My dad and Kenny Miller were together on the afternoon of December 7, 1941. They heard the news of the Japanese attack on Pearl Harbor together. And they decided to enlist in the Army the next morning when the recruiting station opened. These were kids who had been abandoned by America, but they were outraged that someone would attack Her. They were poor, seldom-do-wells who demanded that She be protected, even with their lives.

December 8, 1941 Kenny was in line in front of my dad. They each signed up, enlisted in the American Army to defend Her with their lives. They were split up. My dad ended up as an engineer building airfields in India, then Burma and ultimately in China. Kenny ended up as a waist gunner on a B-24 serving in the 8th Air Force (389th BGr, 566th BSq) in England. Two American boys from St. Paul, Minnesota shuffled by the winds of chance to the far corners of the world.

Kenny was killed in 1944 when his B-24 was shot down over Holland. His body was buried with dignity by the local Dutch people in their cemetery. (And after the War moved to an American Military Cemetery). He was honored then and is still honored by the Dutch as one of thousands of Americans who died setting them free.

My dad, his brothers and Kenny's brothers all served in WWII and all made it home. They went on to have families and birthdays and good jobs and some bad jobs and good marriages and some bad marriages and grand kids and almost new Chevrolets and all the things that were part of the American dream. They worked hard and made America a better place than the one that they grew up in. Kenny never came home. He remained the small kid (probably from poor diet as a child) who went off to war to protect his America.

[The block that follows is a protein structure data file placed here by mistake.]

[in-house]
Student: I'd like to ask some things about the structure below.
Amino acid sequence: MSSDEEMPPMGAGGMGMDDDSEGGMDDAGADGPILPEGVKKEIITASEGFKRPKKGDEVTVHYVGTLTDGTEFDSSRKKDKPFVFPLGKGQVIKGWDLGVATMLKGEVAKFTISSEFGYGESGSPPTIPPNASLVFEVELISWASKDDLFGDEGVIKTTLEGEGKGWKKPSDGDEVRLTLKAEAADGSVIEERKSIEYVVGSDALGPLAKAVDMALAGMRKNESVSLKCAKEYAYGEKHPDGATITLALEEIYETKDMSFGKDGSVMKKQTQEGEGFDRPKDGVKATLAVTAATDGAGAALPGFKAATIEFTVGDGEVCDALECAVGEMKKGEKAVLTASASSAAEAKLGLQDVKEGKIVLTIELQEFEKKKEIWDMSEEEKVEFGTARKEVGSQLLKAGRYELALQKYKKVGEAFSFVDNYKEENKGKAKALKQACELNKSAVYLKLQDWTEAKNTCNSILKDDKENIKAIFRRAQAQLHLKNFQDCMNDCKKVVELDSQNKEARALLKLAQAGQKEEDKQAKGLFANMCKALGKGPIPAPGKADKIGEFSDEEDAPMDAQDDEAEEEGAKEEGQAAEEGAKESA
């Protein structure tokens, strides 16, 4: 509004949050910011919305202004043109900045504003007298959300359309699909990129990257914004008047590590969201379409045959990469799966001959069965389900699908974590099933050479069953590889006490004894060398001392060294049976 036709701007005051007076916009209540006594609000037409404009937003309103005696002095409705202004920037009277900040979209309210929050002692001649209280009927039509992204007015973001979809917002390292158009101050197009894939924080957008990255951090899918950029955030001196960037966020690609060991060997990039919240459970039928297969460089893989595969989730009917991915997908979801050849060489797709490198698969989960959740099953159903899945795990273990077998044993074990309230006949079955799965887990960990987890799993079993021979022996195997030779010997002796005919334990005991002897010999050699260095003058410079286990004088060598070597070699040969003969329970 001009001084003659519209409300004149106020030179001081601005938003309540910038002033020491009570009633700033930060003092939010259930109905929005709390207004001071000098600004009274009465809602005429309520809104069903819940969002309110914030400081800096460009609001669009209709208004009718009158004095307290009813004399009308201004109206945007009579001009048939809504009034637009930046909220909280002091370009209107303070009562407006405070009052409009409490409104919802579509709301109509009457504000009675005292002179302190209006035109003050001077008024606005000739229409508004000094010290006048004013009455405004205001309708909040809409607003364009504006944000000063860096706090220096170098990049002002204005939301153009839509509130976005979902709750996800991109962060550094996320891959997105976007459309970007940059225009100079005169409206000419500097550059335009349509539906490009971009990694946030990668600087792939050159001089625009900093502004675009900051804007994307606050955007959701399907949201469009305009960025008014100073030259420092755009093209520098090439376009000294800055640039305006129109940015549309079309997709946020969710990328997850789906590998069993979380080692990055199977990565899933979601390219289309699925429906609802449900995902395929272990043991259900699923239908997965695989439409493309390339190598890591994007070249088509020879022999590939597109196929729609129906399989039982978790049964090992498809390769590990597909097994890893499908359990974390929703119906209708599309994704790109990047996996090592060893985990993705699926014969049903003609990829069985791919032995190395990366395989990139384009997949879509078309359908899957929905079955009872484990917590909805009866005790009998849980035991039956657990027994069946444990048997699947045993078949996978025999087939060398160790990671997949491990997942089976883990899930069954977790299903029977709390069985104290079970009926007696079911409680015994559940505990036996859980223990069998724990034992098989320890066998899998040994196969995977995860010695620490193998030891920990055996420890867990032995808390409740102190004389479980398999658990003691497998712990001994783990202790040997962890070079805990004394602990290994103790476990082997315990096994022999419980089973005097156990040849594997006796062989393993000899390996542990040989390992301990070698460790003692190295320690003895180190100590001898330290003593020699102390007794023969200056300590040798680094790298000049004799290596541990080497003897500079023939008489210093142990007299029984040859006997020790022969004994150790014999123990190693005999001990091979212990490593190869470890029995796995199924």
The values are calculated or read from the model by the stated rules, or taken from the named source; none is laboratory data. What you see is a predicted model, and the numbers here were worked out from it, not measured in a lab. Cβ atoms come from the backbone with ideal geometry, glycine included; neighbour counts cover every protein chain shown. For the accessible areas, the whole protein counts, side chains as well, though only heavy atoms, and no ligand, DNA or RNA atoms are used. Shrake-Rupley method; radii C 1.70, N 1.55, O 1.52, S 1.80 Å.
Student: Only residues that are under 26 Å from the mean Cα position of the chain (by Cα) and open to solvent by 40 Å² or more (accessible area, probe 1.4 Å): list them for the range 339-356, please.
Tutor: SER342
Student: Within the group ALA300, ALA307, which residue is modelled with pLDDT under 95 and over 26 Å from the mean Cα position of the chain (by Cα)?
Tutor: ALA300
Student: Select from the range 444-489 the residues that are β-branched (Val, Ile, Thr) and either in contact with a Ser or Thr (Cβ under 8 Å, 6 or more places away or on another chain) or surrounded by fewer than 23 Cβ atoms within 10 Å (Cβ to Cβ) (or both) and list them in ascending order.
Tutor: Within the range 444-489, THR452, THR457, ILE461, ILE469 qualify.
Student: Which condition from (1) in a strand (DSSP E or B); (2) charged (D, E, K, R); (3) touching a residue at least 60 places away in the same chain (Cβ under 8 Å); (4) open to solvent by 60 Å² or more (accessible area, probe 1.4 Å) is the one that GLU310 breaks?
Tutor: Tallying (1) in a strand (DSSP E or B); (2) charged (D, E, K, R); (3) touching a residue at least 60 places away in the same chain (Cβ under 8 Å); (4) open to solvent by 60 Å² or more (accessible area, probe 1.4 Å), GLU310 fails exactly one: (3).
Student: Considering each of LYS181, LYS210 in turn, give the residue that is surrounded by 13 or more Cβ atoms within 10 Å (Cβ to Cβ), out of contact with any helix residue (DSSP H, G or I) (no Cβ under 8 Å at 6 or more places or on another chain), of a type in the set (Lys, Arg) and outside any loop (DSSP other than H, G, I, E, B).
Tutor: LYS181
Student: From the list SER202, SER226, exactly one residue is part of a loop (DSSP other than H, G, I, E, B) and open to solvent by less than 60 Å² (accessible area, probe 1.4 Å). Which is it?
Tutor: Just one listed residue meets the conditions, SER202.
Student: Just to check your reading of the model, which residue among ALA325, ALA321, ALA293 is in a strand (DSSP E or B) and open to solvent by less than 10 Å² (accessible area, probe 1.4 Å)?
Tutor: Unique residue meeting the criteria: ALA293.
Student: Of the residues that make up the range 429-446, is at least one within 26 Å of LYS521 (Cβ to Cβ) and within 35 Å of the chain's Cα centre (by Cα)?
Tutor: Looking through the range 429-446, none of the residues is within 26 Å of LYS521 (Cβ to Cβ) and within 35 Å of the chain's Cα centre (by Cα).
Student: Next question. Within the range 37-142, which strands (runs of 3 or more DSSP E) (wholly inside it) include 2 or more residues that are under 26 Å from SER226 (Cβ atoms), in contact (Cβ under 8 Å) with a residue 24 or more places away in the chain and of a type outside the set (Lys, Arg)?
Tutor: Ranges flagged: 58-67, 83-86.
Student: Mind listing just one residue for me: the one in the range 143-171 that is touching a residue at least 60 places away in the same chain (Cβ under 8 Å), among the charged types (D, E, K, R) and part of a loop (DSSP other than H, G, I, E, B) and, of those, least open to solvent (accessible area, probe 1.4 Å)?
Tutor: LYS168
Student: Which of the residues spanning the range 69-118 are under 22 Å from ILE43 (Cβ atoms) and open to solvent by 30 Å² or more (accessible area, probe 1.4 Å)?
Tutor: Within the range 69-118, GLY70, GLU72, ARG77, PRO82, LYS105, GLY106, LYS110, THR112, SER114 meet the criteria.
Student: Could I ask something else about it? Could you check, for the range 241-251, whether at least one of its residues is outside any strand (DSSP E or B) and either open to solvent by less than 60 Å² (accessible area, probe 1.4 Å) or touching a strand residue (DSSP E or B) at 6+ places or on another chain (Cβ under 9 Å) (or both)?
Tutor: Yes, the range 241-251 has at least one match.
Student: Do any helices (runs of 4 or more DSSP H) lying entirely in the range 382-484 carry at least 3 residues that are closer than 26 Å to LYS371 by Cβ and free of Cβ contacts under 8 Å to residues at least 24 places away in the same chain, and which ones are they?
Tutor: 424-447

My dad never told me this (in fact this is one of many tidbits of my dad's humanity that my mother revealed long after dad died), but each year around Memorial Day he would go to the National Cemetery at Fort Snelling and lay some flowers at the monument. The flowers were in Memory of his best friend Kenny, who died because he was in line in front of my dad at the recruiting station on December 8, 1941. My dad wasn't that morbid or responsible, but he was well aware of the randomness of life and of death.

I'm not going to go to Fort Snelling today. But I am going to set some flowers aside in Memory of Kenny Miller and all the other kids who died to keep America free. Those who died because, no matter what hand they had been dealt, they knew they had to protect Her.

Mr. Flannery

P.S. - I found this note posted on another blog and it brought a tear to my eye:

I received an e-mail today from Mrs. Irma Haex of Holland. She and her teenage son, Wesley, have adopted the graves of four Americans buried in the Netherlands American Cemetery in Margraten.

Irma writes...

We do this out of respect for the men who paid the ultimate price for our freedom, it is 65 years ago that the war ended, but most of the Dutch people won’t forget.

I thought people here might enjoy knowing that there people like Irma and Wesley Haex, tending the graves of our fallen overseas

P.P.S. -- Kenny was the only member of the crew killed that day. Everyone else escaped the plane and eventually was captured by the Germans. They all lived to be liberated from POW camps by American soldiers near the end of the War. The official account states:

"Miller was killed at his waist gunner’s station during the fighter attack. The Germans originally buried his body in the village cemetery at Henrick-Ido-Ambacht, South Holland, Netherlands."

Saturday, May 28, 2011

Its an Industrial Theme

I started the in shop set up at Second Hand Rose in Buffalo today. I took out most of the antiques and other woody type stuff from last month and decided to go with a much harder, metalic industrial theme for June. I have steel; rusted, tubular, stainless and galvanized.